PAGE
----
New Regulations regarding Fire Resistant Consumer-boards

Metal Consumer Board

New Regulations regarding Fire Resistant Consumer-boards

As of  1st January 2016,  The Institute of Electrical Engineers (I.E.E) have a new regulation:


[ Within domestic (household) premises, consumer units and similar

 switchgear assemblies shall comply with BS EN 61439-3 and shall:

 1: Have their enclosure manufactured from non-combustible material, or

 2: Be enclosed in a cabinet or enclosure constructed of non-combustible material and

complying with Regulation 132.12.(Consumer boards must be accessible for repair maintenance) .]

 This was brought in because of the number of fires have increased substantially as in the figures below prove , the report was conducted with the London Fire Brigade:

2008/09 – 21 Fires

2009/10- 54 Fires

2010/11 – 73 Fires

2011/12 – 71 Fires

2012/13 – 220 Fires!

2013/14 – 253 Fires!


If your house has a plastic one , there is no need to panic! It is likely that it will be fine and safe.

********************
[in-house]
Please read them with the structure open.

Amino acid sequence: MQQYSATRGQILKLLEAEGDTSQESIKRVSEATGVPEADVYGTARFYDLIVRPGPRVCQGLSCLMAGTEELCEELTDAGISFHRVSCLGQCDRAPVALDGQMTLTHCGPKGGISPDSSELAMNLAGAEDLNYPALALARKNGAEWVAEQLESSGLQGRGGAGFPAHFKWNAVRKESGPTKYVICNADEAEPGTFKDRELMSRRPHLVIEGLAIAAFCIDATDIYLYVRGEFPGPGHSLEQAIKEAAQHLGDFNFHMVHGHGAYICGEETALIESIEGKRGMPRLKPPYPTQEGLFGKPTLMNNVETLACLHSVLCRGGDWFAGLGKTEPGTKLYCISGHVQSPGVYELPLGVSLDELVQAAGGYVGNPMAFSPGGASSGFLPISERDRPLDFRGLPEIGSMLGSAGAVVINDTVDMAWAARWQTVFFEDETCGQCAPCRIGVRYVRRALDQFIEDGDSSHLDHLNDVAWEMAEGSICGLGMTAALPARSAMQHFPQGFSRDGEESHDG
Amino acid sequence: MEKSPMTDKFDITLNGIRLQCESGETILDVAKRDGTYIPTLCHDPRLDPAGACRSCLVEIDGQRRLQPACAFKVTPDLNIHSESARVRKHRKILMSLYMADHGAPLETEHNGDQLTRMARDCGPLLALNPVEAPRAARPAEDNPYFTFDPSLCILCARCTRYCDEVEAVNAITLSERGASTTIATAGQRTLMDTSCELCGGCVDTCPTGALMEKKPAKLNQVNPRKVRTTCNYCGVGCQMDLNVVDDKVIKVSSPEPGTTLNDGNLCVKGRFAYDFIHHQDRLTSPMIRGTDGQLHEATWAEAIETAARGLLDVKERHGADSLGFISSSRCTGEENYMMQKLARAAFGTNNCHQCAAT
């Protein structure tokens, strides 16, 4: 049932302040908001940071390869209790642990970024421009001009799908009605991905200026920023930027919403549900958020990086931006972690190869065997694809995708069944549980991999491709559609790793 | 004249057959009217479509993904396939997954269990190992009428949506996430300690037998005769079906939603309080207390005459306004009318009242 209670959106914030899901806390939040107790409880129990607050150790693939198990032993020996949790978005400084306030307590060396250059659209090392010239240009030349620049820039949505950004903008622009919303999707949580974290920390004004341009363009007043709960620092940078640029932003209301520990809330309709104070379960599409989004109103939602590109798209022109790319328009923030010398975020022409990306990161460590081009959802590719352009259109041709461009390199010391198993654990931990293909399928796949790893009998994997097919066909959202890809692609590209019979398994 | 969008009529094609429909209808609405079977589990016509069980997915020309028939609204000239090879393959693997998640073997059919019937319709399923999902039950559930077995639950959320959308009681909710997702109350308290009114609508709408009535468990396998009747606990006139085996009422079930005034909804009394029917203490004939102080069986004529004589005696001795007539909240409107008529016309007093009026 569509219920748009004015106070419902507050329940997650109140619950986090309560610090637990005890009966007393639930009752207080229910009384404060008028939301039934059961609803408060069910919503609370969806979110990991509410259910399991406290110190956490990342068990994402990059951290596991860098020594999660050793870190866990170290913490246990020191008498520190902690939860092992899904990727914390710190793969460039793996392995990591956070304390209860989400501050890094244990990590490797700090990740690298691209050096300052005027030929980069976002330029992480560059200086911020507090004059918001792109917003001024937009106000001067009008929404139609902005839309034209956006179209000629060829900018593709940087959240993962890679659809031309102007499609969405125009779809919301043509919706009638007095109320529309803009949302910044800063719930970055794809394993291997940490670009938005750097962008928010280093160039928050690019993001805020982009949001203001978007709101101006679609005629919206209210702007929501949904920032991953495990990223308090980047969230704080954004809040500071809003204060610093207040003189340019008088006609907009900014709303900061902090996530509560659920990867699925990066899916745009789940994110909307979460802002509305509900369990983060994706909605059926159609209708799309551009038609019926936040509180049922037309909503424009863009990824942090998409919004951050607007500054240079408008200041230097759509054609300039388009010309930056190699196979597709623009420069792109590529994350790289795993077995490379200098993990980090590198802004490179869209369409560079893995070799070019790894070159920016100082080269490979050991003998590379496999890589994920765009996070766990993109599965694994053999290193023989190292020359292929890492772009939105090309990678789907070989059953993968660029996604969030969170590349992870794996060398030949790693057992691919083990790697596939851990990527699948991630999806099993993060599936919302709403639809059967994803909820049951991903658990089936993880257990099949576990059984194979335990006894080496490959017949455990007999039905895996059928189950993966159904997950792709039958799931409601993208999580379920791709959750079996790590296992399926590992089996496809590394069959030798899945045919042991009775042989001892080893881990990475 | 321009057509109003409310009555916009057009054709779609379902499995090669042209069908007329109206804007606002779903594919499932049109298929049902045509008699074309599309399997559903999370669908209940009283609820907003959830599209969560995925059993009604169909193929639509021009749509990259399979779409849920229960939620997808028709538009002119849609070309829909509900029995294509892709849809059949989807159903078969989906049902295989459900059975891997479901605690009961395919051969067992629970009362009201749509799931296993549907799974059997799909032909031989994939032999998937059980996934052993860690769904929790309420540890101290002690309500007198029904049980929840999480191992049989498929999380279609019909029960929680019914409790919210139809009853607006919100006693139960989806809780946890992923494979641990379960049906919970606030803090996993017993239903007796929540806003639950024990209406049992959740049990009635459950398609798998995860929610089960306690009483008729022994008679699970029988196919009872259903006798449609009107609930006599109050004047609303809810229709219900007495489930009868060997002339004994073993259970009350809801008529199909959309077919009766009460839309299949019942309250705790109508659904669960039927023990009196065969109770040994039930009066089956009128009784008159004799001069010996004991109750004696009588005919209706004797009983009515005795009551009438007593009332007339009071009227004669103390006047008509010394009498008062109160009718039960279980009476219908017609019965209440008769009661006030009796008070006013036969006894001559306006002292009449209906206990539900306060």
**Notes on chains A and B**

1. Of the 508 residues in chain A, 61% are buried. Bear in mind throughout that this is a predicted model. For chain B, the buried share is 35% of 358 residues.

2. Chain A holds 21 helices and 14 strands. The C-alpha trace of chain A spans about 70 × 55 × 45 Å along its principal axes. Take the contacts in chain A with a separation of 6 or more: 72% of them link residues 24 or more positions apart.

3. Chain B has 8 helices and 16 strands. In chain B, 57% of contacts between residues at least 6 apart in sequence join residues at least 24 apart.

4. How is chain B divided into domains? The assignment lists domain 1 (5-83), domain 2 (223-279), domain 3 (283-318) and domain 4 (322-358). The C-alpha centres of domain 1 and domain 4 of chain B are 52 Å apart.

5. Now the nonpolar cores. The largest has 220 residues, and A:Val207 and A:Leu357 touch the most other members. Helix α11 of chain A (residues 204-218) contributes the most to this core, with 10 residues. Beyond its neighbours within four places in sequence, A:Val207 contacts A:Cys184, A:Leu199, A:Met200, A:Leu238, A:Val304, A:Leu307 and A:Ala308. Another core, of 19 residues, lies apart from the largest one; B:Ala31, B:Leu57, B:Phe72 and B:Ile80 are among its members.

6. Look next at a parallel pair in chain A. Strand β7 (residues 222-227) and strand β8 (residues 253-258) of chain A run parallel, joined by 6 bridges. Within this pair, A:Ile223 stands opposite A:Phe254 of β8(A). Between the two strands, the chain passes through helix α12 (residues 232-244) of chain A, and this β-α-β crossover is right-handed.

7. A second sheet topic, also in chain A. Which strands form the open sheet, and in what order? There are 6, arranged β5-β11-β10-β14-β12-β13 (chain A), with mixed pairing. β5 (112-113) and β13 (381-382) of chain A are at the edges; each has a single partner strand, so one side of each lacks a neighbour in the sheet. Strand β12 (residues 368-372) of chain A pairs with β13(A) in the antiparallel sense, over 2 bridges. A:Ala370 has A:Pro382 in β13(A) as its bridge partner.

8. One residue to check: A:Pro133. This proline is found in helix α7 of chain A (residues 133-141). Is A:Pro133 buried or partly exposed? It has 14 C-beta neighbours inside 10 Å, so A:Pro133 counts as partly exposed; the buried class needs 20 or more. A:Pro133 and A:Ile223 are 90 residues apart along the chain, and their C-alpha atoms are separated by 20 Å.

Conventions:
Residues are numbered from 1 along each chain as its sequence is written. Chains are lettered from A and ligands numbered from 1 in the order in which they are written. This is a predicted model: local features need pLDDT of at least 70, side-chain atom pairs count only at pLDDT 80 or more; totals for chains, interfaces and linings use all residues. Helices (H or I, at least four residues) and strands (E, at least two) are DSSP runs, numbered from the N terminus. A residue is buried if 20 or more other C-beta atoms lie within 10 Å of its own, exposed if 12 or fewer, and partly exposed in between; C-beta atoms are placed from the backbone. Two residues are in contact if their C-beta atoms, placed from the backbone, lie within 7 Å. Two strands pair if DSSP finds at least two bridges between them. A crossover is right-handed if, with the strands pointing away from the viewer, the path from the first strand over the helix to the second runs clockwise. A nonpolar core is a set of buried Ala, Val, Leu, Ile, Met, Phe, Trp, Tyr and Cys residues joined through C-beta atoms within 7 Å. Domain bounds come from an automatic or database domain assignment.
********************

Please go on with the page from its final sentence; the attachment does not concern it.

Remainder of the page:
The main conclusion behind the investigation was the poor quality of the boards, as with production in other countries with less stringent quality controls and cost cutting measures results in cheap product quality .

The other main reason was due to screws not being tightened correctly , causing overheating then eventual fire.

The result of this all means (at the moment at least ) that any new boards will now be likely to be metal , until a manufacturer designs a plastic non combustible material which will have to pass expensive tests, hence its easier for manufactures to just use metal.

 It still all comes down to economics and cost really, which ironically could be argued was the main reason most of them were failing in the first place!

There were certain makes which cropped up repeatedly , but unless you know them it’s very hard to pin down ,as even if you had them fitted during the peak fires years  in the table above, the board might have been sitting on a shelf for years at the shop , and manufactured before all the quality issues became apparent.

If all this sounds quite ambiguous , it’s because it is!

 No-one want to take responsibility for the poor quality boards which were let through , it’s simply a result of cost-cutting at its finest , to the point of producing products that are not suitable for the purpose , but are the cheapest! and therefore most attractive to installers and customers who normally want the cheapest quote.

If there is anything to be learned from above ,it’s that  you normally  get what you pay for, and to use a qualified electrician yes, but more importantly one who cares about their work!

Which is not new advise at all Really is it? 🙂

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